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Do Protests Matter? What the Tea Party Can Teach the Trump Resistance?

This is how rallies grow into movements and create social change.

Since Trump was elected there has been a protest every single day, somewhere in the country. So some of those millions of people may be asking themselves, do protests matter? The political impact is notoriously understudied because they are difficult to isolate from other closely related political forces. But in 2012 Harvard researchers found a way to do it using rainfall to randomize event size. Their research showed the incredible impact of tea party protests on political outcomes. They found that in places where there was no rain on Tax Day leading to a larger and more robust rally, there was an increase in voter turnout in subsequent elections that favored Congressional Republican candidates. There was also a notable right-wing shift in the voting record of incumbents in those districts.

Perhaps the most significant of their findings was the rallies’ impact on voter turnout during the 2010 mid-term elections. For every additional protestor who showed up to a Tea Party rally, there was an expected increase of 12 additional votes for conservative candidates. It is estimated that tax day rallies nationwide lead to between 2.7 and 5.5 million votes for the Republican Party in the 2010 House elections. Republicans in 2010 took control of the U.S. House, expanded their minority in the U.S. Senate and gained nearly 700 seats in state legislatures.

Think about that: one more person showing up at a rally meant 12 more votes for Republicans. Now extrapolate that figure across the massive protests that we’ve seen since Trump took office. The 2017 women’s marches drew between 3 million and 5 million people in more than 650 towns and cities. That’s about six times the number of protesters as the tea party rallies in 2009. And marches this year saw estimates of between1.6 million and 2.5 million people. Adding up to between 5 million and 8 million people actively denouncing Trump’s policies in total.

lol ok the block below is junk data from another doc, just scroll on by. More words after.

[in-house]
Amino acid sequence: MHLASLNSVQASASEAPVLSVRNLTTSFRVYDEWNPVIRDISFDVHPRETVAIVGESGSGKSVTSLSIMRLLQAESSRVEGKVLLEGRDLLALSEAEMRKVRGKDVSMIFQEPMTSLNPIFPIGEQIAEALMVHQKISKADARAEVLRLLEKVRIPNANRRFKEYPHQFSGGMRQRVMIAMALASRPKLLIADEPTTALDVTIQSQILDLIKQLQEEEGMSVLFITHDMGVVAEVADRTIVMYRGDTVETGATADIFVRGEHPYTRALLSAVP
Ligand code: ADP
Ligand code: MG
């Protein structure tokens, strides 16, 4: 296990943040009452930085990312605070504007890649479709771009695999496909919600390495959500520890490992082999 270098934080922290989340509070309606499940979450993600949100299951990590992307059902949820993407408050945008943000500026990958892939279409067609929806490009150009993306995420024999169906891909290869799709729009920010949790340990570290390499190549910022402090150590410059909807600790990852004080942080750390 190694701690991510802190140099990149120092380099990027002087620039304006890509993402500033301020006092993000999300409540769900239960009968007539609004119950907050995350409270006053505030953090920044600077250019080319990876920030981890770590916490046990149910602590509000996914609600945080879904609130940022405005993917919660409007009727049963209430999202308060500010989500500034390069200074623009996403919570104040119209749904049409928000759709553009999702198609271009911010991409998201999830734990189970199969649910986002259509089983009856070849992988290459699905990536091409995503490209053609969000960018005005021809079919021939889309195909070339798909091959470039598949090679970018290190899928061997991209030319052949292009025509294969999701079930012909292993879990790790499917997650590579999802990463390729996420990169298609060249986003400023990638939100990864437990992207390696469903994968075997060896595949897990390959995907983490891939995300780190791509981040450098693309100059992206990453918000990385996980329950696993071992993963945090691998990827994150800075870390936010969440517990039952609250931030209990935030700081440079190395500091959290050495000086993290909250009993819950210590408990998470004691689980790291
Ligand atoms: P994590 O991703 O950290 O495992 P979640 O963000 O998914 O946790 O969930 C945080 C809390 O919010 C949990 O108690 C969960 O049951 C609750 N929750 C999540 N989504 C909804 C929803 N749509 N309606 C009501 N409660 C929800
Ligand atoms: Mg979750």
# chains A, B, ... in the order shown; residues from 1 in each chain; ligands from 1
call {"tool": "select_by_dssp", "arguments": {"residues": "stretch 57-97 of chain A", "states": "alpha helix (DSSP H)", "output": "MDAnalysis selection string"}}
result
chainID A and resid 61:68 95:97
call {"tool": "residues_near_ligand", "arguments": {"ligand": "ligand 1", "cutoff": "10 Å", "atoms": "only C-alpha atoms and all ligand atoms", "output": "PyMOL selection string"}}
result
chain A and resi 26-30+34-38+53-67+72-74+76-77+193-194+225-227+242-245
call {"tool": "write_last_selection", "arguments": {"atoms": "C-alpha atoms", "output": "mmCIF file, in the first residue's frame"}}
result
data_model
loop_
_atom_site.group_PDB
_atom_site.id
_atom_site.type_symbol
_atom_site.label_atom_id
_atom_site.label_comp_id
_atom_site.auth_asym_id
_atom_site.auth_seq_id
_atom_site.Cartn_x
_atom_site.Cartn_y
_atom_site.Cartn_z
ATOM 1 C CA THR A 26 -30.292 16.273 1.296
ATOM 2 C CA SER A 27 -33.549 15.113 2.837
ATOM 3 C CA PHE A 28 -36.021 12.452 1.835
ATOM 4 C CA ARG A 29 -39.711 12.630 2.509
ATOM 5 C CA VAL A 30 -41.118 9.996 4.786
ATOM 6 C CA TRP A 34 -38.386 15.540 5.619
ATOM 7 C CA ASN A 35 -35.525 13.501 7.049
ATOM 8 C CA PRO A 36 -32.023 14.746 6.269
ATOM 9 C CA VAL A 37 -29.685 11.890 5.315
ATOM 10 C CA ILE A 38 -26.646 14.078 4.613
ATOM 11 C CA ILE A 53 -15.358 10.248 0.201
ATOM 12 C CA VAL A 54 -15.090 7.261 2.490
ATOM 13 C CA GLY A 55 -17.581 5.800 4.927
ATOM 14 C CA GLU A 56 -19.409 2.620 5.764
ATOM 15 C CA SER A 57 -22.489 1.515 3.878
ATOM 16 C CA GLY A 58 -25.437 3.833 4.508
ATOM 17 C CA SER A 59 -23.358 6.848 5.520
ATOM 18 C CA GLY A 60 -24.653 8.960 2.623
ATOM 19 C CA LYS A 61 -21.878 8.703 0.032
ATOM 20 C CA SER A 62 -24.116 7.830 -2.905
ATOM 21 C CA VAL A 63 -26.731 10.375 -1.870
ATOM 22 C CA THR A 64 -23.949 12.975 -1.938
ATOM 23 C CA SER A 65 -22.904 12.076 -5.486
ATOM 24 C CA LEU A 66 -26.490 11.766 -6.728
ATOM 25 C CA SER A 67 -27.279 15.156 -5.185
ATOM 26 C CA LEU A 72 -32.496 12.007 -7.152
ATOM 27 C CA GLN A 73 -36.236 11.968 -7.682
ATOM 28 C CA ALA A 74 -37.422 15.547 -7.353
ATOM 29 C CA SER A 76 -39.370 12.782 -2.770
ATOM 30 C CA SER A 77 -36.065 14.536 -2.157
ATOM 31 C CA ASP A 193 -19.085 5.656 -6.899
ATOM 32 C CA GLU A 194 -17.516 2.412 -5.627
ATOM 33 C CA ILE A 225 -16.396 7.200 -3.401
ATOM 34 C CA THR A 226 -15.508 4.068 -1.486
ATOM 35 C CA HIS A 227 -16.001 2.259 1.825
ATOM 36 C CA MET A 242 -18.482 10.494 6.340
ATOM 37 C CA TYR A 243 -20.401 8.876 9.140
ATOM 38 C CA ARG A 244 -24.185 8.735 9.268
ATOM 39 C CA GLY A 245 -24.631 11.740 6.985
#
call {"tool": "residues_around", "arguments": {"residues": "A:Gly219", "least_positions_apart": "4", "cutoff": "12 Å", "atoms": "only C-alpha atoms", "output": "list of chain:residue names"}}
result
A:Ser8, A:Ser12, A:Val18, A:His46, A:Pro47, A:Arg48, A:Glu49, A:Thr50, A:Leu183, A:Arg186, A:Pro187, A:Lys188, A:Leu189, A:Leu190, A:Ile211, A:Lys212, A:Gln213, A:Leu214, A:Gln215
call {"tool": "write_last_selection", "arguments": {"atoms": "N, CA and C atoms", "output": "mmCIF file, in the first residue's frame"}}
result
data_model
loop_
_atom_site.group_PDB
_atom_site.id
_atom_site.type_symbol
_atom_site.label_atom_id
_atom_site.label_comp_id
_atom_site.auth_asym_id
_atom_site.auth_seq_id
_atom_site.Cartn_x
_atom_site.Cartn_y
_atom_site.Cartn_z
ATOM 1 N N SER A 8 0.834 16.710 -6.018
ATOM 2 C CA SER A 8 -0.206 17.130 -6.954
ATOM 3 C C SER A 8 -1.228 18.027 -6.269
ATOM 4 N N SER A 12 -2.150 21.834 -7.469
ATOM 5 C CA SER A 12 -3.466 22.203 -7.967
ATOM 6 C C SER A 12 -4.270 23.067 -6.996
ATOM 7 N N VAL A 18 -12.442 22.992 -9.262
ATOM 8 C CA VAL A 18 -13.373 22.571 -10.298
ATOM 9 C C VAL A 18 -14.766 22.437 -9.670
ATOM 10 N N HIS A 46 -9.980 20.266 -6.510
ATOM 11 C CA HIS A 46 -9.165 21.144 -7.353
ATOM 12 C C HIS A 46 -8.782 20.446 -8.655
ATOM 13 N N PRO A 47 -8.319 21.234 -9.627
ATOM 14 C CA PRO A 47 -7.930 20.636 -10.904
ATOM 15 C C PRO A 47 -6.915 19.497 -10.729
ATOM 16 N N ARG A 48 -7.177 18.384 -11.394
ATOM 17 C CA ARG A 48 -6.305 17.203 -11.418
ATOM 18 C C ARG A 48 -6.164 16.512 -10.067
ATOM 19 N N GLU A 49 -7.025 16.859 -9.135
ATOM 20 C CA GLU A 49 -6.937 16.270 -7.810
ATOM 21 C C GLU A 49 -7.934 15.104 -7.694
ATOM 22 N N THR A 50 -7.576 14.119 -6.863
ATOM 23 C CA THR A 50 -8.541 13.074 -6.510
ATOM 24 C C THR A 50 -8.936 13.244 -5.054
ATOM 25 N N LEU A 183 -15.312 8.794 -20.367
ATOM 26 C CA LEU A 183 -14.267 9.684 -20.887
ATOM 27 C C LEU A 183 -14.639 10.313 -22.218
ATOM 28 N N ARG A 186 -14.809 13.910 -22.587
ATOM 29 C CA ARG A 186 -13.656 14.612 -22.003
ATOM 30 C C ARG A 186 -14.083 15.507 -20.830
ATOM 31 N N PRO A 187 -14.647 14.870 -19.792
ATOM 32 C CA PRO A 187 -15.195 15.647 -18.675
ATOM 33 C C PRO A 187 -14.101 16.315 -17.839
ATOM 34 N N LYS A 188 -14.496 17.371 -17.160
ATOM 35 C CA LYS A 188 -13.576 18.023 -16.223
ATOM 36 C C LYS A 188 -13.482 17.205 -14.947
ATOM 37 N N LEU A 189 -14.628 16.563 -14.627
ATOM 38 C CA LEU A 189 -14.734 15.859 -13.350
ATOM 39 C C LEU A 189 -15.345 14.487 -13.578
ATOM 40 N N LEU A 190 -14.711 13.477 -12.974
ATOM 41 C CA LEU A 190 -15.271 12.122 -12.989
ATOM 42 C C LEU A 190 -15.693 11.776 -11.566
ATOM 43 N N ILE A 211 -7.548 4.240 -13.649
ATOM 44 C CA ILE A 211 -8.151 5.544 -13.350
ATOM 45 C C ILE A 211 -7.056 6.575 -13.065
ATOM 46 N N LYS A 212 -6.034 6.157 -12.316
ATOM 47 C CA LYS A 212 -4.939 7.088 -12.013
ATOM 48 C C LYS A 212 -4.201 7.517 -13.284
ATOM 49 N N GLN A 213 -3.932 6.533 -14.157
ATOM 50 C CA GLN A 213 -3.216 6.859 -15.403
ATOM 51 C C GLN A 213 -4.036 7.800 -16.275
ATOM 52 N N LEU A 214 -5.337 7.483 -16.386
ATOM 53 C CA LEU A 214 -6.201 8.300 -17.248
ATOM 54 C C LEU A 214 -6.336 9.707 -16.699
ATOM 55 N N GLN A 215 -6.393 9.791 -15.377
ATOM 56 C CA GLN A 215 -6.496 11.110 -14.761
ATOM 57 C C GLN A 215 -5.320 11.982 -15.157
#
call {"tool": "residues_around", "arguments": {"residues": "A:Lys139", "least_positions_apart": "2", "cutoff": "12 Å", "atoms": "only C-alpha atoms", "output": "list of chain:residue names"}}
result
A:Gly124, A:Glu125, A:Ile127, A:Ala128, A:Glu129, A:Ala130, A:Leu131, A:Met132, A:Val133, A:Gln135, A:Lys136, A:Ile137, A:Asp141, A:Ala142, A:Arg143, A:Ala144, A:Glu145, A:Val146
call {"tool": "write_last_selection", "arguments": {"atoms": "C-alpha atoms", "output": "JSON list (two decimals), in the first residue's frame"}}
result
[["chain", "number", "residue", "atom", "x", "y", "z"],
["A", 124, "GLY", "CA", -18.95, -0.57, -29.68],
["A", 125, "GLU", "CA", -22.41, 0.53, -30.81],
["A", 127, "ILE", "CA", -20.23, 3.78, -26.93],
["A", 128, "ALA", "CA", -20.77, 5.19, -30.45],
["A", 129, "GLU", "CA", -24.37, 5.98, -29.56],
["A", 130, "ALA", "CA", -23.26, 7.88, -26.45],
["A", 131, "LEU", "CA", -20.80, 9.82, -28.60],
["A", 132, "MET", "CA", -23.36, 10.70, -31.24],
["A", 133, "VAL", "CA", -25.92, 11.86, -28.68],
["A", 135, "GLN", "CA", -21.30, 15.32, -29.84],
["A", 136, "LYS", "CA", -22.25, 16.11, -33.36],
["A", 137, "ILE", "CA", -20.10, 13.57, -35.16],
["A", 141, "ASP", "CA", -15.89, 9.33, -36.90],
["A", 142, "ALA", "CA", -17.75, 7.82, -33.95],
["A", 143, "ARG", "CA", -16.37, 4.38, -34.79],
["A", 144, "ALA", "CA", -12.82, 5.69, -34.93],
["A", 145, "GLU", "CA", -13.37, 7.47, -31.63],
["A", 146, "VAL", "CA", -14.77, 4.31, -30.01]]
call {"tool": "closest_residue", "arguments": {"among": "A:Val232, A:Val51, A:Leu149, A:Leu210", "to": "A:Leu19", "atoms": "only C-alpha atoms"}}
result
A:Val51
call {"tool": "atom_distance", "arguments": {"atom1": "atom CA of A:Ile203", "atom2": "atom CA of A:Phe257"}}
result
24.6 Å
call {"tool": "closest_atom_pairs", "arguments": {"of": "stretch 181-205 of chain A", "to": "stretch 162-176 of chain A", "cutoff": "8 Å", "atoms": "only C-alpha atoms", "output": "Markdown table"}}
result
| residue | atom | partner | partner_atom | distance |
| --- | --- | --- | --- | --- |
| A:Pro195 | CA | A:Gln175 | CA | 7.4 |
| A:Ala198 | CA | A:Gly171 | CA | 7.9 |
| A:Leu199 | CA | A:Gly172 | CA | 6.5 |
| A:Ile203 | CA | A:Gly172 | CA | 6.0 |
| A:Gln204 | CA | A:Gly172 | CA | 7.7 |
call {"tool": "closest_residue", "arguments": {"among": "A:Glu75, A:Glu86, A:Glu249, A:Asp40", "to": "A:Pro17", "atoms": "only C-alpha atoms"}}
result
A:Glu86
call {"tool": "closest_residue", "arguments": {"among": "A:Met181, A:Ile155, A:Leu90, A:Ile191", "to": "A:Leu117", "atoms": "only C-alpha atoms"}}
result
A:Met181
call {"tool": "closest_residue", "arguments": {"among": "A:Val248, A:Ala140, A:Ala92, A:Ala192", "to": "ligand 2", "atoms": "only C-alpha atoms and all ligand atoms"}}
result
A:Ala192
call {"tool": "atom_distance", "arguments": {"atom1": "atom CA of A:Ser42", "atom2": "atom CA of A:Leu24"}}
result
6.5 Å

So, is protesting effective? You bet. Already, we see that the resistance may be yielding results. Last November, Democrats made significant legislative gains across the country and swept key seats in Virginia and New Jersey. Moreover, it was people of color, women and LGBTQ candidates – the very groups derided and targeted by Trump—who made the real headlines in November, breaking barriers and revealing a new and perhaps more energized electorate than we’ve seen in recent years. The election of Doug Jones to the U.S. Senate from Alabama over Trump-supported candidate Roy Moore—underscores that point.

The researchers of the Tea Party study believe that one of the main reasons the tea party rallies were so successful was the social networks they created, which built on the movement’s strength. It wasn’t necessarily just sign-waving or demonstrating itself that shifted political decisions, but the fact that people met one another, bolstered each other’s opinions, and made ongoing plans to work together to unseat their representatives.

Staying connected after the protests and turning our energy into active participation and votes is imperative. Our sheer numbers and a bit of recent history suggest there’s lots to work with and a lot to look forward to with regards to the upcoming midterm elections.

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